Vertex’s Matt Emmens on His Journey From Security Guard to CEO

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he was invited to join the Vertex board. He says he felt right at home with the culture Boger fostered. “I like new ideas, creativity, doing things differently. Challenging convention. If you get a group of smart people in a room and you decide to do things, you can do amazing things, things that were thought to be impossible. I always had that idea, and Josh always had that idea, too,” Emmens says.

The task in front of Emmens is certainly something thought to be impossible a few years ago. His goals will be to launch telaprevir on a blockbuster trajectory, follow that up with a couple of big steps for patients with cystic fibrosis, and then show Wall Street that there’s more there in the Vertex pipeline, to keep momentum building. The way to do that, Emmens says, is to rally people around a truly compelling vision, he says.

“It’s about getting a group of people together, and developing a vision that seems impossible. Then achieving it. It’s not about proving anything. It’s about involving those people in an undertaking that they’ll remember their whole life,” Emmens says. “The people at Astra Merck did the same thing. We had a reunion of Astra Merck a couple years ago. About 140 people showed up. Ten years later. Why did they do that? They were part of a very special moment in their careers. They had respect for each other. This company can have exactly the same thing. This is a defining year for the company.”

Emmens definitely sees himself as carrying on “Josh’s dream,” which he mentioned a couple times in our conversation. (I asked Boger to comment for this story, but didn’t hear back by my deadline). Emmens stayed humble throughout our conversation, noting that he doesn’t view himself as an expert in any single aspect of pharmaceuticals, except maybe for finding the right people to surround himself with. His plan is to find people with a stomach for risk-taking, technical expertise, communications skills, and the energy to “make something greater in their career than the average person.” With the right people in place, he won’t need to be around stick around forever.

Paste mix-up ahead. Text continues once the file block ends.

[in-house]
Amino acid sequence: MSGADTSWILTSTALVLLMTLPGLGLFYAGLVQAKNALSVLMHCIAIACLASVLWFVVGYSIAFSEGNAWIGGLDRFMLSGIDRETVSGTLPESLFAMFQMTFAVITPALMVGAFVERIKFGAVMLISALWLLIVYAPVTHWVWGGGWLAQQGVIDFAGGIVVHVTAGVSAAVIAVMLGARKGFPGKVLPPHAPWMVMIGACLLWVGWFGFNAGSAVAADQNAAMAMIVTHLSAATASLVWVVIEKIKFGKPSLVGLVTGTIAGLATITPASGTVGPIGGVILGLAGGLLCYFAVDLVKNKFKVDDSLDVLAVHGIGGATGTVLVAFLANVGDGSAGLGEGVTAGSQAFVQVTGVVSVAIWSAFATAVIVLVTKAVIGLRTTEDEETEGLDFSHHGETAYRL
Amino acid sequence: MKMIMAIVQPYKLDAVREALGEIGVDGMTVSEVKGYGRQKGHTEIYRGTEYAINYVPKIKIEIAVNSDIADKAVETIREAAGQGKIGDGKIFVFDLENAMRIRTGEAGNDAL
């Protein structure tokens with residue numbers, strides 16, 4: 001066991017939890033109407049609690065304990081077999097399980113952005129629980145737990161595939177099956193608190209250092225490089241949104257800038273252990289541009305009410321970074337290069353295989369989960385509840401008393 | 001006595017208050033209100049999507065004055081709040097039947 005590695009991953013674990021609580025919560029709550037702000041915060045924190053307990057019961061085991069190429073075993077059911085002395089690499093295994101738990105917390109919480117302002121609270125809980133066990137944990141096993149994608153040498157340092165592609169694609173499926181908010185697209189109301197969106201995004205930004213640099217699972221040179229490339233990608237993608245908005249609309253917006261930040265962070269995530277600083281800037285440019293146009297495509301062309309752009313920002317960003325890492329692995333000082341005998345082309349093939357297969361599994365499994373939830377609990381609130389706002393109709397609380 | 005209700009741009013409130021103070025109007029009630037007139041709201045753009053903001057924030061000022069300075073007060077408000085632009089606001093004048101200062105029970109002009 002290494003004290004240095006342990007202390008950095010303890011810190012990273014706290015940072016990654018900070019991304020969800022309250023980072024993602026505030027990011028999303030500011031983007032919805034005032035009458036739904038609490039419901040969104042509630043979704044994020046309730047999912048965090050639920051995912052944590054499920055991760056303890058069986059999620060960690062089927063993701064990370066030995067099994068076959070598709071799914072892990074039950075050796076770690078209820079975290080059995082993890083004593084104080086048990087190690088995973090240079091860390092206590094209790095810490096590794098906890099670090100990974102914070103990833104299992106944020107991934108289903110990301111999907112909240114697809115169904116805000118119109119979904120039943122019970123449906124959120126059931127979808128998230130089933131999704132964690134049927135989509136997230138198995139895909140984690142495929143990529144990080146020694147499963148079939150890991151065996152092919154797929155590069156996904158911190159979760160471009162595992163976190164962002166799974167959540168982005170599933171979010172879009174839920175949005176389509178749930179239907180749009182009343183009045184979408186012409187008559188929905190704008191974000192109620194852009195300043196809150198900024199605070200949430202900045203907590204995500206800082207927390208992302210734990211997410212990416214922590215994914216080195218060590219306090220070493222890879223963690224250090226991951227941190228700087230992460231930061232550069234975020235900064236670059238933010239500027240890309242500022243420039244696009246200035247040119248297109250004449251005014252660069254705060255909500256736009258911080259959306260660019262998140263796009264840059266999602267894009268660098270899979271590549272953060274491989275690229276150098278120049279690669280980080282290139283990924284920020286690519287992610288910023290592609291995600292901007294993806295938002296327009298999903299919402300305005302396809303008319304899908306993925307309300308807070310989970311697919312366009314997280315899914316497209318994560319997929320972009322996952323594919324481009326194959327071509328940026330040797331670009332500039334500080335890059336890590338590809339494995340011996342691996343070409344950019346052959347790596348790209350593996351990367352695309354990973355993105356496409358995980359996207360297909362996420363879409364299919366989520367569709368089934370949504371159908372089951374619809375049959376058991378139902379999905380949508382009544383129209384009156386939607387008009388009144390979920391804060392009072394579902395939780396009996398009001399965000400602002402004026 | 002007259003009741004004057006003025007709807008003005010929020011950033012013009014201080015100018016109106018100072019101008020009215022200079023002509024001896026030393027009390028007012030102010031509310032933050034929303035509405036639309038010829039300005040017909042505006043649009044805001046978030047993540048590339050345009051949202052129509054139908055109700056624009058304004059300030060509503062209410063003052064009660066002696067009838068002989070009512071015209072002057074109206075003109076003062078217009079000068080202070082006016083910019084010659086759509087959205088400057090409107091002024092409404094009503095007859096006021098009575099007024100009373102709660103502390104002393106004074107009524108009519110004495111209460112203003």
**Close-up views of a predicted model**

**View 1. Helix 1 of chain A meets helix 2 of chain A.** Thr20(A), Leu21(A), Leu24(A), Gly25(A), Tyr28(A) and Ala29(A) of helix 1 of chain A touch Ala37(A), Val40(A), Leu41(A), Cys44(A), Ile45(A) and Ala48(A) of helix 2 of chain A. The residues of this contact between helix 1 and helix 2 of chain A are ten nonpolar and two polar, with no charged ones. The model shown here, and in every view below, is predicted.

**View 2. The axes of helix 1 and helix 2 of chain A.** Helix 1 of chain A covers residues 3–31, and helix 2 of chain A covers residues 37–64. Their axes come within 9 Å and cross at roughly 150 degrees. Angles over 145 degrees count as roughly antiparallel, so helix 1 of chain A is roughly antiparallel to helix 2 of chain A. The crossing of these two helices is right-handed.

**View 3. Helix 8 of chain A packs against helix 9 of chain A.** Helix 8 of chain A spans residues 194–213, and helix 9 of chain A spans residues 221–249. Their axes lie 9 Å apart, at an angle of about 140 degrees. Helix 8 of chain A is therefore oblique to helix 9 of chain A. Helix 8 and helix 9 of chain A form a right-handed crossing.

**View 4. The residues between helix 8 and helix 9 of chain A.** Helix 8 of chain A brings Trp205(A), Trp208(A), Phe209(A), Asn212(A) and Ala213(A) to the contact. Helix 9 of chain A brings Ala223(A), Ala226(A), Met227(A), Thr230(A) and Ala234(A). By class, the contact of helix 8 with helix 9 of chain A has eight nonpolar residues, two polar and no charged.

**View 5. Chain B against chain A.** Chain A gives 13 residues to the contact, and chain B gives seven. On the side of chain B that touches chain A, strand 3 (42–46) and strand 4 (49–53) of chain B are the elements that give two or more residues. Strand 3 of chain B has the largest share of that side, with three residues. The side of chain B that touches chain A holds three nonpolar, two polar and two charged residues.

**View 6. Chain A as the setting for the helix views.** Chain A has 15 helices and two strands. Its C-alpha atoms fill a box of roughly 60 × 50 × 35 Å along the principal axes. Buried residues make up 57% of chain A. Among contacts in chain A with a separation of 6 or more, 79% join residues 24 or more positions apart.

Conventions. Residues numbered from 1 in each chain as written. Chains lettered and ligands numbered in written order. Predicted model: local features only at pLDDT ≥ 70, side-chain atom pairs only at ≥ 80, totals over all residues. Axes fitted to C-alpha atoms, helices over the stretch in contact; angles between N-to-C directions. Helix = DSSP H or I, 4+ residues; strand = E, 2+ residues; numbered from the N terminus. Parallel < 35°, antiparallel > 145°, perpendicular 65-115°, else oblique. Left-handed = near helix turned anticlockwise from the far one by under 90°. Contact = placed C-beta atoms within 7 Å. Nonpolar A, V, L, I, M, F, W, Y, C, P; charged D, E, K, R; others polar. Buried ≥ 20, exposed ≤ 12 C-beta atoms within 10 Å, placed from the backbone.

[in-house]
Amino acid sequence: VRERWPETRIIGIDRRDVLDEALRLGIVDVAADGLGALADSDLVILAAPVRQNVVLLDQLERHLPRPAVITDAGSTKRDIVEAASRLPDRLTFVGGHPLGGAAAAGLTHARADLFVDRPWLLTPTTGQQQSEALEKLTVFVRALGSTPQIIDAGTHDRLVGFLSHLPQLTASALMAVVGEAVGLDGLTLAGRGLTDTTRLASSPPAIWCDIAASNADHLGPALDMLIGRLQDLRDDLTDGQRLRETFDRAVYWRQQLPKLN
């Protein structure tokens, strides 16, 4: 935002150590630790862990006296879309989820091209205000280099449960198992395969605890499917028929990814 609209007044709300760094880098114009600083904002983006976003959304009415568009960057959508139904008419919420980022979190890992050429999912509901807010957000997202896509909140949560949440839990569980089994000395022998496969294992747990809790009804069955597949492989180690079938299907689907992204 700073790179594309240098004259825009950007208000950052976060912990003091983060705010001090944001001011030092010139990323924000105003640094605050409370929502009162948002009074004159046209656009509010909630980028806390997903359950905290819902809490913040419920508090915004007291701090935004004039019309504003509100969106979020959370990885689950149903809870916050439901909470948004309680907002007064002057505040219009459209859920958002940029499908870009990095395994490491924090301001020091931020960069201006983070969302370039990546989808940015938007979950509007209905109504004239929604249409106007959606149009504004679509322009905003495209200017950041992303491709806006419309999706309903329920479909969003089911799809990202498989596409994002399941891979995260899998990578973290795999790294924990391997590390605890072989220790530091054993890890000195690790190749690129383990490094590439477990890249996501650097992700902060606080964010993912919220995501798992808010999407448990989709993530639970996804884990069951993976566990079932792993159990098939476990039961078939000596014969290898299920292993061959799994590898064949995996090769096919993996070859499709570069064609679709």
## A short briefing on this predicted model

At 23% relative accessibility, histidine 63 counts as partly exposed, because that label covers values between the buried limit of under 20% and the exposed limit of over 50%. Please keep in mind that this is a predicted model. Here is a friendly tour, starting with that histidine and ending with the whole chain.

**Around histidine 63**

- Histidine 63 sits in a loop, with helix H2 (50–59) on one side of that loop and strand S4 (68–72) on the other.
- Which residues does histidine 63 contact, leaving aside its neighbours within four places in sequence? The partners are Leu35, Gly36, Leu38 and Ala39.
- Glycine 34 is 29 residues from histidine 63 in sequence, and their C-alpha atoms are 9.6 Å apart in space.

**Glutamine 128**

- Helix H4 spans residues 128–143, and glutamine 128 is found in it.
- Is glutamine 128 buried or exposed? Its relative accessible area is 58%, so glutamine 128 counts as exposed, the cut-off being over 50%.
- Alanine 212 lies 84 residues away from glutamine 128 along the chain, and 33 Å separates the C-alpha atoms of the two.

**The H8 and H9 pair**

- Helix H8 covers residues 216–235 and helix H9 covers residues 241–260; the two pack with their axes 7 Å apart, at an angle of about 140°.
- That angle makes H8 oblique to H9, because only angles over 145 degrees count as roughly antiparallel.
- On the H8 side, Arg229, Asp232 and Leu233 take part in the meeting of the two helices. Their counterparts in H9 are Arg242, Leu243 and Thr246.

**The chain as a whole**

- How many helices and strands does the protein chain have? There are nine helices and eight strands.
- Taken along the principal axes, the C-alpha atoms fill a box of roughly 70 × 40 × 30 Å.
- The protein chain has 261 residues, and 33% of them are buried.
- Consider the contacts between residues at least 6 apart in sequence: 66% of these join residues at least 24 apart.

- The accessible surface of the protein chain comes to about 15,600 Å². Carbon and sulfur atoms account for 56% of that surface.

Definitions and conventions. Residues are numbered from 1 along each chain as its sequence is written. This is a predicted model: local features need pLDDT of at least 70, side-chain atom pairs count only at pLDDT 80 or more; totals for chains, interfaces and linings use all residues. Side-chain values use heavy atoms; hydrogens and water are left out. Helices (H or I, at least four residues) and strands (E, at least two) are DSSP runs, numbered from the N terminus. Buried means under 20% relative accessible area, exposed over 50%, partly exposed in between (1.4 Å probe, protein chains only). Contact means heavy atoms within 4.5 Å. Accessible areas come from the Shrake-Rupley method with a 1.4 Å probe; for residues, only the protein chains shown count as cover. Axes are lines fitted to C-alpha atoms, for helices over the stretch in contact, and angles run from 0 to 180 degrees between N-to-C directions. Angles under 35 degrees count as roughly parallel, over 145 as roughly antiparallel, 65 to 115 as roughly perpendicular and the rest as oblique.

In fact, Emmens said he intends to stay in this job for only five years, because he doesn’t think a CEO should stay around any longer.

“You implement a vision and a strategy in a period of time, and it takes something primal to do that,” Emmens says. “And the world is changing the whole time you’re doing that. Are you changing fast enough? Is the team changing fast enough? Will they tell you that things are no longer the way they should be? You need a new set of eyes to come in and look at the company about every five years. I think you can stay around too long.”

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3 responses to “Vertex’s Matt Emmens on His Journey From Security Guard to CEO”

  1. Josh Boger just sent this comment to me in response to two questions.

    Xconomy: Has Matt done anything so far as CEO that has particularly stood out for you, or surprised you?

    Josh Boger: I think Matt’s decision to hang onto the JAK3 compound and boldly tell the Street last Fall that we would thereby lose an extra ≈≈$100M (roughly the expectation of a JAK3 deal downpayment) was both bold and absolutely the right move. I was proud of him (not surprised), especially when he responded to a question about taking on more development risk with the quote (and I’m paraphrasing): “That’s the business we are in.” It is about time leadership in big biotech and even in pharma realize that taking these kind of risks is precisely why people park capital with them. Stop trying to “minimize risk”. You can minimize risk by buying T-bills. One of course wants to optimize risk/reward, but in our business that means taking big bets and taking big risks. Matt “The Commercial Guy” Emmens gets this, which is why he is the right person to be at the Vertex helm.

    Xconomy: What did he do when you first got to know him, or that you learned about him over the years, that gave you the confidence that he could be the one to lead Vertex into the commercial phase?

    Josh Boger: See above. Matt and I go back to Merck days 25 years or so ago. Then he was known as a courageous marketer with incredible people skills. Since then he gained a love and appreciation for scientific innovation (partly by working in some companies that didn’t do that very well). The combination of that experience and skill is hard to beat.

  2. Des says:

    Great article, I can only imagine a time when doctors would spend 30 to 40 minutes on average with a sales rep, and even getting the sales rep lunch. Emmens has clearly had a very interesting career.

    It’s interesting that Emmens states that he only intends to stay in his CEO role for five years, skilled people do tend to do their best work in the first few years that they enter a particular role at a company because they bring new perspectives to the table.